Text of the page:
INTRODUCTION: Despite recent advances in treatment, lung cancer remains the leading cause of cancer-related mortality in the United States. Therefore, there is a strong need for developing clinical trials in lung cancer therapeutics. Only a small fraction of patients with lung cancer are enrolled in clinical trials. It is critical to understand the barriers to participation in lung cancer clinical trials. METHODS: We reviewed the outpatient charts of consecutive patients with non-small cell lung cancer who presented for initial evaluation or consultation for further therapeutic management to the thoracic medical oncology group at the Alvin J. Siteman Cancer Center between January 1, 2006, and December 31, 2006. Available and appropriate clinical trials specific to the histologic subtype and stage were presented to the patients routinely, and reasons for nonenrollment were documented. We collected information on age, gender, ethnicity, histology, stage, performance status (PS), and insurance status. RESULTS: During the study period, 263 patients with non-small cell lung cancer were identified for the study. After initial screening, 183 patients had clinical trials available, which were appropriate for their diagnosis and stage of disease. One hundred one patients (55.2%) were ineligible for enrollment in a clinical trial. The most common reasons for ineligibility were poor PS (18%), need for emergent radiation (12%), lack of adequate staging information (6%), and comorbid conditions (4.9%). Despite being eligible for participation, 57 patients (31.1%) did not enroll in a clinical trial. Patient refusal accounted for 8.7%. The problems with transportation and distance from the medical center were reasons given for nonparticipation by 7.1%. Eleven patients (6%) did not participate in a clinical trial because of insurance issues. Ultimately, 25 patients (13.7%) were enrolled in a clinical trial. CONCLUSIONS: Poor PS, the need for emergent radiation, and patient refusal were the most common reasons for not participating in a clinical trial.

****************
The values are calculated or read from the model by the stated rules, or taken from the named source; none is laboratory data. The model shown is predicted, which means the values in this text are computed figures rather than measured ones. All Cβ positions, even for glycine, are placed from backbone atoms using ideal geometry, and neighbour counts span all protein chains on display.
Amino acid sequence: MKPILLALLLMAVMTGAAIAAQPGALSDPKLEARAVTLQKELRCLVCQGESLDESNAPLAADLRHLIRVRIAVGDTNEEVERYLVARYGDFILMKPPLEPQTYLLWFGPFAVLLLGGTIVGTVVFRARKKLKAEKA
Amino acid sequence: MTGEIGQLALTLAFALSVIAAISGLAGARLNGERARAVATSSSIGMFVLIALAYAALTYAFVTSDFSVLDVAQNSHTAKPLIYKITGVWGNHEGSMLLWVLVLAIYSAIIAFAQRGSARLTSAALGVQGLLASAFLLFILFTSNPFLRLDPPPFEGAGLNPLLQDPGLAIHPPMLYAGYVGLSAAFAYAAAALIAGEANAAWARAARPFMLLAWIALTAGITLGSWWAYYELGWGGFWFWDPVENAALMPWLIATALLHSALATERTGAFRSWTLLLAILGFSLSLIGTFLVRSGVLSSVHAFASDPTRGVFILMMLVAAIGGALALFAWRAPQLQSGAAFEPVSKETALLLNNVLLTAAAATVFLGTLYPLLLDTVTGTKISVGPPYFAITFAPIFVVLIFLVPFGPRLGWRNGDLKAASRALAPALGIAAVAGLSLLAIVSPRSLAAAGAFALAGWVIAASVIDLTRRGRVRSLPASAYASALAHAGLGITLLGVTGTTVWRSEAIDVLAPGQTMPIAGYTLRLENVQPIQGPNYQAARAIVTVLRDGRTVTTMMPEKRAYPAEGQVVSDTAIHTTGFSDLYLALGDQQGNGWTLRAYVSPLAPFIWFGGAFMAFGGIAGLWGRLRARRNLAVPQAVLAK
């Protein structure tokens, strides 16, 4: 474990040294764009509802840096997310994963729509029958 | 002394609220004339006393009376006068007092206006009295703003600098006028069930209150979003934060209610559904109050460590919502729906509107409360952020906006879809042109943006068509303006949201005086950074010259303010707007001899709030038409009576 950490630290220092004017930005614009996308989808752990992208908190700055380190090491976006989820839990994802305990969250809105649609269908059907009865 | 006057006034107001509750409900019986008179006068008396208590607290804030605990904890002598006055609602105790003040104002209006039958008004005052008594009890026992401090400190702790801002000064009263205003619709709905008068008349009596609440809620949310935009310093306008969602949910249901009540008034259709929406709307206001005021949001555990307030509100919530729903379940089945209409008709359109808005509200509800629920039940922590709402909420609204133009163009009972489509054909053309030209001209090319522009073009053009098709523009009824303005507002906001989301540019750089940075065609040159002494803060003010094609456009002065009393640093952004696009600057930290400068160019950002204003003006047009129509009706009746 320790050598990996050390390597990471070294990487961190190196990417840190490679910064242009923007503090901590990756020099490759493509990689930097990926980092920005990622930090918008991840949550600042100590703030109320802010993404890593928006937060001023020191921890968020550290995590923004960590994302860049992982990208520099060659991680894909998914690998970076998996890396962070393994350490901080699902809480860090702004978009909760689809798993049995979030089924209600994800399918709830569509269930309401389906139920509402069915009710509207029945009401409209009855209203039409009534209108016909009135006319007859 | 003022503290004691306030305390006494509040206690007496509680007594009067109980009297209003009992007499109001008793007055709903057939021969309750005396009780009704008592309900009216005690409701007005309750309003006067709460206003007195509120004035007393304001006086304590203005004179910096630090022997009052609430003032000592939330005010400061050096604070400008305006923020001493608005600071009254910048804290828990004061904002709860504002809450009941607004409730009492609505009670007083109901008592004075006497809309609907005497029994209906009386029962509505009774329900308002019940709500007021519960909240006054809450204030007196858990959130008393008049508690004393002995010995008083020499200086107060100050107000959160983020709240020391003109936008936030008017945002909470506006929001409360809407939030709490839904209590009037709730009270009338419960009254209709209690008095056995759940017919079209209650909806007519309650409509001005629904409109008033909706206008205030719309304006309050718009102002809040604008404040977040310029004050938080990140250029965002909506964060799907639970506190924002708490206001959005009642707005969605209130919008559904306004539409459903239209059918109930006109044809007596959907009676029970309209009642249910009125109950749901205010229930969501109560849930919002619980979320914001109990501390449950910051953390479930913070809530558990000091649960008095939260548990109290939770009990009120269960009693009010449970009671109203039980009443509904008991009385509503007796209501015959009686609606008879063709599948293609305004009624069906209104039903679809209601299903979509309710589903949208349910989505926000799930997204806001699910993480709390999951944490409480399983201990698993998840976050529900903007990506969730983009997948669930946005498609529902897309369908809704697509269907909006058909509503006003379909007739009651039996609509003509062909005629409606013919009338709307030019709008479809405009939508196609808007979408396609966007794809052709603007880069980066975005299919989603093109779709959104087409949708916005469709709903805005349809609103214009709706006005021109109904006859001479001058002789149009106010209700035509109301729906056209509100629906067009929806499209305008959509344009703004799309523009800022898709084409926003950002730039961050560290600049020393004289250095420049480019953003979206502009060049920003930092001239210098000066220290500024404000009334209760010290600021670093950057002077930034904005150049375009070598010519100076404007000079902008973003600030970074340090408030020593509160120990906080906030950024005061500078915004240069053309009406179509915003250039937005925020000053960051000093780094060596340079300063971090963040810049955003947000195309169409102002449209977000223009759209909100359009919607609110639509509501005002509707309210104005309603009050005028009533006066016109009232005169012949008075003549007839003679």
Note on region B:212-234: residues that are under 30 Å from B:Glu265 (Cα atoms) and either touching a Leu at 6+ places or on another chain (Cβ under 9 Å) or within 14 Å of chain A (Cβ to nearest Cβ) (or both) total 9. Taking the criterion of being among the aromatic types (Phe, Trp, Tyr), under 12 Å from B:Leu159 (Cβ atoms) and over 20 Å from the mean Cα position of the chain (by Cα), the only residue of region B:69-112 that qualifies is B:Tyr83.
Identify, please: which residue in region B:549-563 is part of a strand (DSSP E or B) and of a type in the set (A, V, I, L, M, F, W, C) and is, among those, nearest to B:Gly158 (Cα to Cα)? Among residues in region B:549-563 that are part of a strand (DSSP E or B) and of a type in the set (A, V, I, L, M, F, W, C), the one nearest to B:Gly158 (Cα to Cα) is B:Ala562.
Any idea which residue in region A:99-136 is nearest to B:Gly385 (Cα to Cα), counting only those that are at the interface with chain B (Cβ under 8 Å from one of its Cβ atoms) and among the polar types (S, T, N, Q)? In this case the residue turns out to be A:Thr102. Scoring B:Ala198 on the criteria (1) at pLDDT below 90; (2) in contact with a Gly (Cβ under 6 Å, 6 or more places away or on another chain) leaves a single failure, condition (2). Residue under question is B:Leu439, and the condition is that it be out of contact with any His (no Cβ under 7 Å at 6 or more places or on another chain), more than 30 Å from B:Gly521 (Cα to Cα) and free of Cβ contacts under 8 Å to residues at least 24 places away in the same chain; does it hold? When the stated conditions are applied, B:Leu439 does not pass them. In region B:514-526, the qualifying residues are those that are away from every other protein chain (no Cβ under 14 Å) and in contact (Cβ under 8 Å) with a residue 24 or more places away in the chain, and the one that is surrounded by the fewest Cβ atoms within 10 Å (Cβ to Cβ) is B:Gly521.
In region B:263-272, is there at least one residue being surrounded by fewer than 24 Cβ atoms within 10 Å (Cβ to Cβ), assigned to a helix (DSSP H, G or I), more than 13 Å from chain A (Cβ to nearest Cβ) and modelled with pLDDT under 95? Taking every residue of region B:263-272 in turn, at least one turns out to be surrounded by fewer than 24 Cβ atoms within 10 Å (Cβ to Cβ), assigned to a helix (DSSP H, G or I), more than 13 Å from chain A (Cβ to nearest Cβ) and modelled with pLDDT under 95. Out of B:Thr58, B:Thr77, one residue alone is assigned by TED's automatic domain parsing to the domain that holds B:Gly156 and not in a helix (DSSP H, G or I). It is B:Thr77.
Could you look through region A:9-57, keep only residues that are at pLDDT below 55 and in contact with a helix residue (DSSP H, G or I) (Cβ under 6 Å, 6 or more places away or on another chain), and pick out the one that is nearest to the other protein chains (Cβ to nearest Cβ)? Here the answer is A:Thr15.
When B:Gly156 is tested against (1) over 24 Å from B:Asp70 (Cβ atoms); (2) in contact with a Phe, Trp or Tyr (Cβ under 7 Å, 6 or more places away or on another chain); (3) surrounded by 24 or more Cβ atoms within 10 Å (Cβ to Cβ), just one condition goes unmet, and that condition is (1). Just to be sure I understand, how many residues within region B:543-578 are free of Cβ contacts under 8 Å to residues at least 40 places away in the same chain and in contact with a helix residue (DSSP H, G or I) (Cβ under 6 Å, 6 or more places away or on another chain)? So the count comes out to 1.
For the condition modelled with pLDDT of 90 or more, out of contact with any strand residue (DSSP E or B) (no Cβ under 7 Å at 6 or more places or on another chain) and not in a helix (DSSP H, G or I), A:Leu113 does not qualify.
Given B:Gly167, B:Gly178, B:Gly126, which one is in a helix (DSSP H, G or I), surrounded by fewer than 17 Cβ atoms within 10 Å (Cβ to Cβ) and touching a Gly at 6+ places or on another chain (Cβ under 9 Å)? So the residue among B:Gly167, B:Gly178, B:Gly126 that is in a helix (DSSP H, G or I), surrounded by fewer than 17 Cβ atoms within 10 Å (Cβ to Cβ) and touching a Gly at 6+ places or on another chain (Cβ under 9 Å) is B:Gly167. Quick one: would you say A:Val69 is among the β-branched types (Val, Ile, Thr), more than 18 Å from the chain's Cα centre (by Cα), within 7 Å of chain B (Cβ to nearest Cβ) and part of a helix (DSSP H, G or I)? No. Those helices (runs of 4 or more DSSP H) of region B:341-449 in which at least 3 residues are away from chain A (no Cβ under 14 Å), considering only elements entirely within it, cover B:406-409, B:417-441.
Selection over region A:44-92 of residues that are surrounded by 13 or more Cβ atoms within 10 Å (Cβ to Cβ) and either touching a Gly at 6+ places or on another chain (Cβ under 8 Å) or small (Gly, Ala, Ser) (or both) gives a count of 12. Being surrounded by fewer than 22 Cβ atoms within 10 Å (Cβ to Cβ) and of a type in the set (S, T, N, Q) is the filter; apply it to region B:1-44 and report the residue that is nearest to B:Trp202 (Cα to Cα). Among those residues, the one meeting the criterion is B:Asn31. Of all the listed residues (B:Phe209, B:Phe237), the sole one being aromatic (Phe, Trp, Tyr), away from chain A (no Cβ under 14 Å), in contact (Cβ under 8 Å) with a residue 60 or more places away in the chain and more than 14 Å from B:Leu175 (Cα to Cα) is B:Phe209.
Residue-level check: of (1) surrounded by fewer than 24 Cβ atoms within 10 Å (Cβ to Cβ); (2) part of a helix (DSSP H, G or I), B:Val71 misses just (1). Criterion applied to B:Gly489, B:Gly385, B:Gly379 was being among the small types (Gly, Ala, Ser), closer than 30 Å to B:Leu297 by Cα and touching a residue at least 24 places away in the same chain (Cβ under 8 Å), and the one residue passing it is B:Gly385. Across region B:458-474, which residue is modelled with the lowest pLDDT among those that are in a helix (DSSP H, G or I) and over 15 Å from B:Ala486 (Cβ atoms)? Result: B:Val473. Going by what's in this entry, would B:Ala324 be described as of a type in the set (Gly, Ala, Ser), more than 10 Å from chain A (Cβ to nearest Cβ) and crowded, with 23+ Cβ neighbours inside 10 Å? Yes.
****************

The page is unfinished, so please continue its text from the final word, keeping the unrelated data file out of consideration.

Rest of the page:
- Clinical trial
- Lung cancer